The historic meeting between Trump and Putin is over. What’s next?


The first Trump-Putin meeting was held on the sidelines of the G20 summit in Hamburg. The talks lasted for more than two hours. Valdai Club Program Director Dmitry Suslov talked to about the possible results of the historic meeting.

“The most important thing is that the meeting between Trump and Putin was held at all, because it a priori weakens the US president’s political position at home, given the current internal political situation, and encourages his opponents to continue attacking him,” Dmitry Suslov said.

Russian-US relations

The fact that Donald Trump decided to hold a full-fledget meeting s despite the advice of some key members of his administration is evidence that the US government seeks to prevent the further landslide worsening of American-Russian relations. 

“I do not expect the parties to announce a decisive turnaround in Russian-US relations after the summit. Both Trump and Putin are more likely to make cautious and general statements. The most important thing is that now there is a chance to ward off uncontrolled deterioration in bilateral relations,” the expert said.

“I think that at the talks Trump sent a clear signal that his administration is not interested in approving new anti-Russian sanctions including the sanctions package discussed by the Congress,” he said.

Syria. A truce and delimitation of responsibility zones

The presidents agreed to impose a truce in southwestern Syria. The ceasefire should come into effect on Sunday (July 9). Suslov believes this agreement is highly important. “It is Russia and the United States that are the leaders of the two coalitions that are fighting the terrorist states in Syria. Therefore, the truce agreement has for the first time offered hope for at least preventing armed clashes (if not a settlement in the Syrian crisis) between Damascus and the Syrian opposition which should not be regarded as terrorists,” he said.

According to Suslov, this will make it possible to stop the bloody phase of the civil war in Syria, delimit responsibility zones, start eliminating terrorist groups, and pave the way for a political settlement. “It will be difficult to achieve a full political settlement in Syria, given Russian and US differences over Iran, but the July 9 truce is the first step in that direction,” he said.

Other potential agreements on Syria may primarily envisage the strengthening of the arrangement for preventing military incidents between Russian and US forces and delimitation of the two countries’ zones of responsibility in Syria. “It should be clear which territories that are being liberated from DAISH and Al-Nusra (banned in Russia. – Ed.) are to be controlled by the Assad regime and which by the Syrian opposition,” he said. 

In his view, the Trump administration obviously does not want the territories being liberated from DAISH to fall under Damascus’ control. What needs to be done to avoid unnecessary clashes is to divide zones of responsibility.

According to Suslov, US support for four de-escalation zones in Syria, created at the initiative of Russia, Turkey and Iran, would be of much importance. “The preliminary signals before the presidential meeting showed that US support was available. Rex Tillerson said as much,” he said.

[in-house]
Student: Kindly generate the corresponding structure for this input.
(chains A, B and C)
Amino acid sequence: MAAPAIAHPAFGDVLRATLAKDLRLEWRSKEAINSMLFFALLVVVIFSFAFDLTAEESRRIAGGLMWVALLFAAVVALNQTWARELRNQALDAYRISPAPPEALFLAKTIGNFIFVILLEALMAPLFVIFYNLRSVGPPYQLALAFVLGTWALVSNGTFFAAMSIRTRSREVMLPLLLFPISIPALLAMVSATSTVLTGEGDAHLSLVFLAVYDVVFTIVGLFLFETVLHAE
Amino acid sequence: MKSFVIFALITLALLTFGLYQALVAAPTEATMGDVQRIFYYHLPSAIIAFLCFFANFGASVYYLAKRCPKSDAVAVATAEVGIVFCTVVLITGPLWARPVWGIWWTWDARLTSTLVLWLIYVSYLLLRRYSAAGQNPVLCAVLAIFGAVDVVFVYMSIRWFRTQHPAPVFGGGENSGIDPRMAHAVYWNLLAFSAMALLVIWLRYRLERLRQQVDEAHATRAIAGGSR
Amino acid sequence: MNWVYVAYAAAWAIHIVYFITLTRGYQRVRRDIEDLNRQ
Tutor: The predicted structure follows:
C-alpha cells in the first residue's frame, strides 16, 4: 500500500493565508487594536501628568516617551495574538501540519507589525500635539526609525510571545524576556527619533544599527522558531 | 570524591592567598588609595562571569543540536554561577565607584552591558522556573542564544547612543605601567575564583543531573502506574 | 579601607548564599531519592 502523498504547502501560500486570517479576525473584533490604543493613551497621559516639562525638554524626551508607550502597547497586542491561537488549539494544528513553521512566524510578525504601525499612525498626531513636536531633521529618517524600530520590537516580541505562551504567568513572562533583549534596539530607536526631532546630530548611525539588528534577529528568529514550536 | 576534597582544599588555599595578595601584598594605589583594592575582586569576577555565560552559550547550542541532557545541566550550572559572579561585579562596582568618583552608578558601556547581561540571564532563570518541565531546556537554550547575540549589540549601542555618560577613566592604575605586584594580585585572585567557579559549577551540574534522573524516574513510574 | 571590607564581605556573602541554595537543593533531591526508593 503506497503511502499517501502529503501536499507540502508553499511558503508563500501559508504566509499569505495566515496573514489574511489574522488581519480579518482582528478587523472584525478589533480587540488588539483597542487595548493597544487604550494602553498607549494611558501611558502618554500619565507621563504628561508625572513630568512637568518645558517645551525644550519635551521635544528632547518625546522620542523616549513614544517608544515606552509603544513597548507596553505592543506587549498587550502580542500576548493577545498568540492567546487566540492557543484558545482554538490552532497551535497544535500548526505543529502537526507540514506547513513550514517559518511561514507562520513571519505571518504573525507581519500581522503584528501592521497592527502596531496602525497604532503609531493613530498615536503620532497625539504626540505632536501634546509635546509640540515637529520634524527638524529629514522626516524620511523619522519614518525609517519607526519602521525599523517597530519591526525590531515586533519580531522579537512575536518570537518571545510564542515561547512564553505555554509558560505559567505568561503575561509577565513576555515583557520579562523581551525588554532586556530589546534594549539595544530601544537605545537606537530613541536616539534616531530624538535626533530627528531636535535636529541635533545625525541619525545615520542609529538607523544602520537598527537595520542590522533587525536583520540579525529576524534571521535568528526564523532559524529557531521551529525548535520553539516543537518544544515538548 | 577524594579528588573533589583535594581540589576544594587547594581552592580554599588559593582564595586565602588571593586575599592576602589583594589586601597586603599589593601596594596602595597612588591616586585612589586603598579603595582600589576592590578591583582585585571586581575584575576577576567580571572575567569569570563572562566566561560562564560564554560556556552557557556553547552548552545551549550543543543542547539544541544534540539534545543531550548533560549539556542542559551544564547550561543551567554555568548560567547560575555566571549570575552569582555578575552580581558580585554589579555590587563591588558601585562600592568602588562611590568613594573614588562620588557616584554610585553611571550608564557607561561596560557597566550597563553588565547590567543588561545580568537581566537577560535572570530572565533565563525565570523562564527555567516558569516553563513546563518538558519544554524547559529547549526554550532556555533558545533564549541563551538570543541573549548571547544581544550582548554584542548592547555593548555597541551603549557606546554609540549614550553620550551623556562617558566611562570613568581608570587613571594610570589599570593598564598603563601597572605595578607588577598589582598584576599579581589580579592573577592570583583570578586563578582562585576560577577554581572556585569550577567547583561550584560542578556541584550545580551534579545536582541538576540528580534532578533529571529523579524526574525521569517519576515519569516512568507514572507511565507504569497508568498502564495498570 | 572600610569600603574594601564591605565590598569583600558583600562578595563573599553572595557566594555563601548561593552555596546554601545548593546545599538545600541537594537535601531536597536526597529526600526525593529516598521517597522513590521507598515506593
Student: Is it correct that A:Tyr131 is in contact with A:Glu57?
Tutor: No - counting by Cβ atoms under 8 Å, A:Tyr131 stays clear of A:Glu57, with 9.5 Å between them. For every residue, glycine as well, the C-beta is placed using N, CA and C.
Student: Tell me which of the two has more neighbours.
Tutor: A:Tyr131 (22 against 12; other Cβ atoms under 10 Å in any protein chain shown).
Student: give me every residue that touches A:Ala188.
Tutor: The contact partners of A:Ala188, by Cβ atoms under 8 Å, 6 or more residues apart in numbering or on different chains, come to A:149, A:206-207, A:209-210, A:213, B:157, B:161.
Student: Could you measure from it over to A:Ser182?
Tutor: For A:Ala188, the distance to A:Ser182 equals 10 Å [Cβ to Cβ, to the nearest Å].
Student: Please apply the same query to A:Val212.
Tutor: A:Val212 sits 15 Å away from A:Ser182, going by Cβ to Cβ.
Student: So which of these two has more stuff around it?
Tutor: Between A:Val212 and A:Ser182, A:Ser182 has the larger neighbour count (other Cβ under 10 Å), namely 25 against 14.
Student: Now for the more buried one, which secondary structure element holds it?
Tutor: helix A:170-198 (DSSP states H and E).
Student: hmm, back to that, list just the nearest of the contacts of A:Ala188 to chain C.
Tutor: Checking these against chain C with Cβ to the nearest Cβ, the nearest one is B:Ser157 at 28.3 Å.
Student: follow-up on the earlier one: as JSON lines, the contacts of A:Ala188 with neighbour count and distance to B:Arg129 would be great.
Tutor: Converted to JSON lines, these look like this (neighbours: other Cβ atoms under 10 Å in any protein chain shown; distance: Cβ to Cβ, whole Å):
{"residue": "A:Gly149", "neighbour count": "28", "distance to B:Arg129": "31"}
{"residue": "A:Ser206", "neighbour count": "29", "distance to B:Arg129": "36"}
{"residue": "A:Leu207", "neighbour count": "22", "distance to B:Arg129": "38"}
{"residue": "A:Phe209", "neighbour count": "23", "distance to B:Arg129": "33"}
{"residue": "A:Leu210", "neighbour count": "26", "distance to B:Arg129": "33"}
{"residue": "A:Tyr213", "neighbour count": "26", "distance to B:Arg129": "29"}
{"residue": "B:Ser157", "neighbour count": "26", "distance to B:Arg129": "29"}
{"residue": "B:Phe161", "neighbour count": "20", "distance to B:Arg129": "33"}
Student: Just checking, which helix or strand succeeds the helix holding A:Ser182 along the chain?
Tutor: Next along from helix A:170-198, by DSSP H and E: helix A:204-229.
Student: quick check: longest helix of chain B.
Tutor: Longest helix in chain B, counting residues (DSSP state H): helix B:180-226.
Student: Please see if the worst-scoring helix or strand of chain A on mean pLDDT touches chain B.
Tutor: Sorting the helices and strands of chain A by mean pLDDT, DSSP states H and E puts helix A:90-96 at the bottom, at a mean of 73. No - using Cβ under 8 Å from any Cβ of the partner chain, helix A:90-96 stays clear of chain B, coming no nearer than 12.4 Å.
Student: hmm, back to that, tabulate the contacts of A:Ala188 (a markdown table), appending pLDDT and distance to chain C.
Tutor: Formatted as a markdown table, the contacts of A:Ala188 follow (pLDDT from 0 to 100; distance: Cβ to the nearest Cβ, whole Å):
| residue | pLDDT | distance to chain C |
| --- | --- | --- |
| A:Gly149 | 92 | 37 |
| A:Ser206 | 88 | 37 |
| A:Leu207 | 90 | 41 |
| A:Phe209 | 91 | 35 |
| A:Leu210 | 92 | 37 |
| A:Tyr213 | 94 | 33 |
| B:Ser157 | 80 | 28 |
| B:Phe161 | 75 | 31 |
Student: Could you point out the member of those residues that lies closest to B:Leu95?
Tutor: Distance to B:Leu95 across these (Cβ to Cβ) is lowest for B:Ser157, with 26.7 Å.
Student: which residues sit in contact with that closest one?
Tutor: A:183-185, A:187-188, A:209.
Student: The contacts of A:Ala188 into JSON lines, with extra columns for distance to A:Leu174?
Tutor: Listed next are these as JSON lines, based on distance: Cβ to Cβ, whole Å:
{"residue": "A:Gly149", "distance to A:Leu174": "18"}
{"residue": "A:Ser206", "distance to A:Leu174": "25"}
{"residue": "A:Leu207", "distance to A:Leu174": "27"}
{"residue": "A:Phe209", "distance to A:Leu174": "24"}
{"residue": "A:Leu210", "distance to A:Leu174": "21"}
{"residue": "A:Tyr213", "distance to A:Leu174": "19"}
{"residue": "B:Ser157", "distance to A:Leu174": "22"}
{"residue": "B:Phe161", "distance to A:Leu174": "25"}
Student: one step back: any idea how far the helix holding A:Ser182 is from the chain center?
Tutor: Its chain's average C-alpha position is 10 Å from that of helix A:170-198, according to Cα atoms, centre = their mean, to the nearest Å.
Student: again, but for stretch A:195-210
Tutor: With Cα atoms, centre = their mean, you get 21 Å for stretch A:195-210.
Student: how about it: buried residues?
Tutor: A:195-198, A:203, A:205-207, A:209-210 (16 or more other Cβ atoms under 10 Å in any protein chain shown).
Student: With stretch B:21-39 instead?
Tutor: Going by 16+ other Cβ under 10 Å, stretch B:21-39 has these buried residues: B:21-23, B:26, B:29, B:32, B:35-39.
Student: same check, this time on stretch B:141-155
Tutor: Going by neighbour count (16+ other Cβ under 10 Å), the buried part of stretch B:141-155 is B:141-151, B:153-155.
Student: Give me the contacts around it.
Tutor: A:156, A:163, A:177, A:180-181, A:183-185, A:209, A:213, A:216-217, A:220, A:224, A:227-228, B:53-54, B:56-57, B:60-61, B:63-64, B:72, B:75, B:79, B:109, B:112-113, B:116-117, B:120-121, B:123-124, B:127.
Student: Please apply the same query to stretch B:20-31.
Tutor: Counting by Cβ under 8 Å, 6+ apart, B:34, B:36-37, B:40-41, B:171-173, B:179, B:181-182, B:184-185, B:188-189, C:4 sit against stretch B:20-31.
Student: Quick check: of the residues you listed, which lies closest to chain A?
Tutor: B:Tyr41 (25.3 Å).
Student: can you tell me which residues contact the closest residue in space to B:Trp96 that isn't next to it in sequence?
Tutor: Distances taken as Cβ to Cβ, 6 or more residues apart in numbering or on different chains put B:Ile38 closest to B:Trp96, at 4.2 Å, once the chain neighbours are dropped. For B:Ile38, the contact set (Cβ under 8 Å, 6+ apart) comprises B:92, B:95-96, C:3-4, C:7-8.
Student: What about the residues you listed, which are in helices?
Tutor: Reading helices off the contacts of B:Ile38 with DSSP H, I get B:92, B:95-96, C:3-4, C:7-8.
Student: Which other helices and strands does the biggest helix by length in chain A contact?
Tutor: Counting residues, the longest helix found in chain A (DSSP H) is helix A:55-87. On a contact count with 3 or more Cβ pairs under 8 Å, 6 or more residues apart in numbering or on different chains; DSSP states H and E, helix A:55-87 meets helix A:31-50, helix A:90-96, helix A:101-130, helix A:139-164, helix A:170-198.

This is one of the most dangerous and least regulated areas both in Russian-US relations and the world in general. “Currently cybersecurity pertains to a strategic stability area because cyber weapons make it possible to inflict considerable military damage on each other without using nuclear weapons,” he said.

Cyber-attacks could set off an uncontrolled escalation. This is why Russian-US talks in this area are extremely important. “I hope the two presidents not only discussed the putative Russian interference in the US elections and US interference in Russian politics, but also decided to initiate a dialogue on cybersecurity to develop (for the first time in history) regulations in this sphere,” he said.

The Ukrainian issue

This was one of the issues on the agenda. Dmitry Suslov reminded his audience that the Trump administration “sent a clear and positive signal” in the run-up to the US President’s visit to Hamburg and his talks with the Russian leader by appointing a US special presidential representative for the Minsk Agreements. “This representative is Kurt Volker, formerly a well-known high-ranking US diplomat. This suggests that the United States is still committed to the Minsk Agreements and is not planning to launch a new conflict scenario,” he said.

“Given the current political situation inside the country, the US is unlikely to bring very strong pressure to bear on Kiev to make it implement the Minsk Agreements, but the Trump administration is clearly willing to move in that direction,” he said.

The North Korean nuclear program

Mr. Suslov said Russia and the US were generally of the same view on the North Korean nuclear program (that it should be stopped) but they differed on the approaches to dealing with it.

“I think this difference will persist,” he said.

Strategic stability and the INF Treaty

Suslov believes the parties could not avoid discussing the strategic stability problem and Russian and US reciprocal accusations of having violated the INF Treaty and several other arms control agreements.

“I think the presidents at their meeting should have sent a signal to the executive authorities in both countries to start a Russian-US dialogue on strategic stability as a whole and regarding the fate of the INF Treaty and a New START Treaty in particular,” he said.

Views expressed are of individual Members and Contributors, rather than the Club's, unless explicitly stated otherwise.

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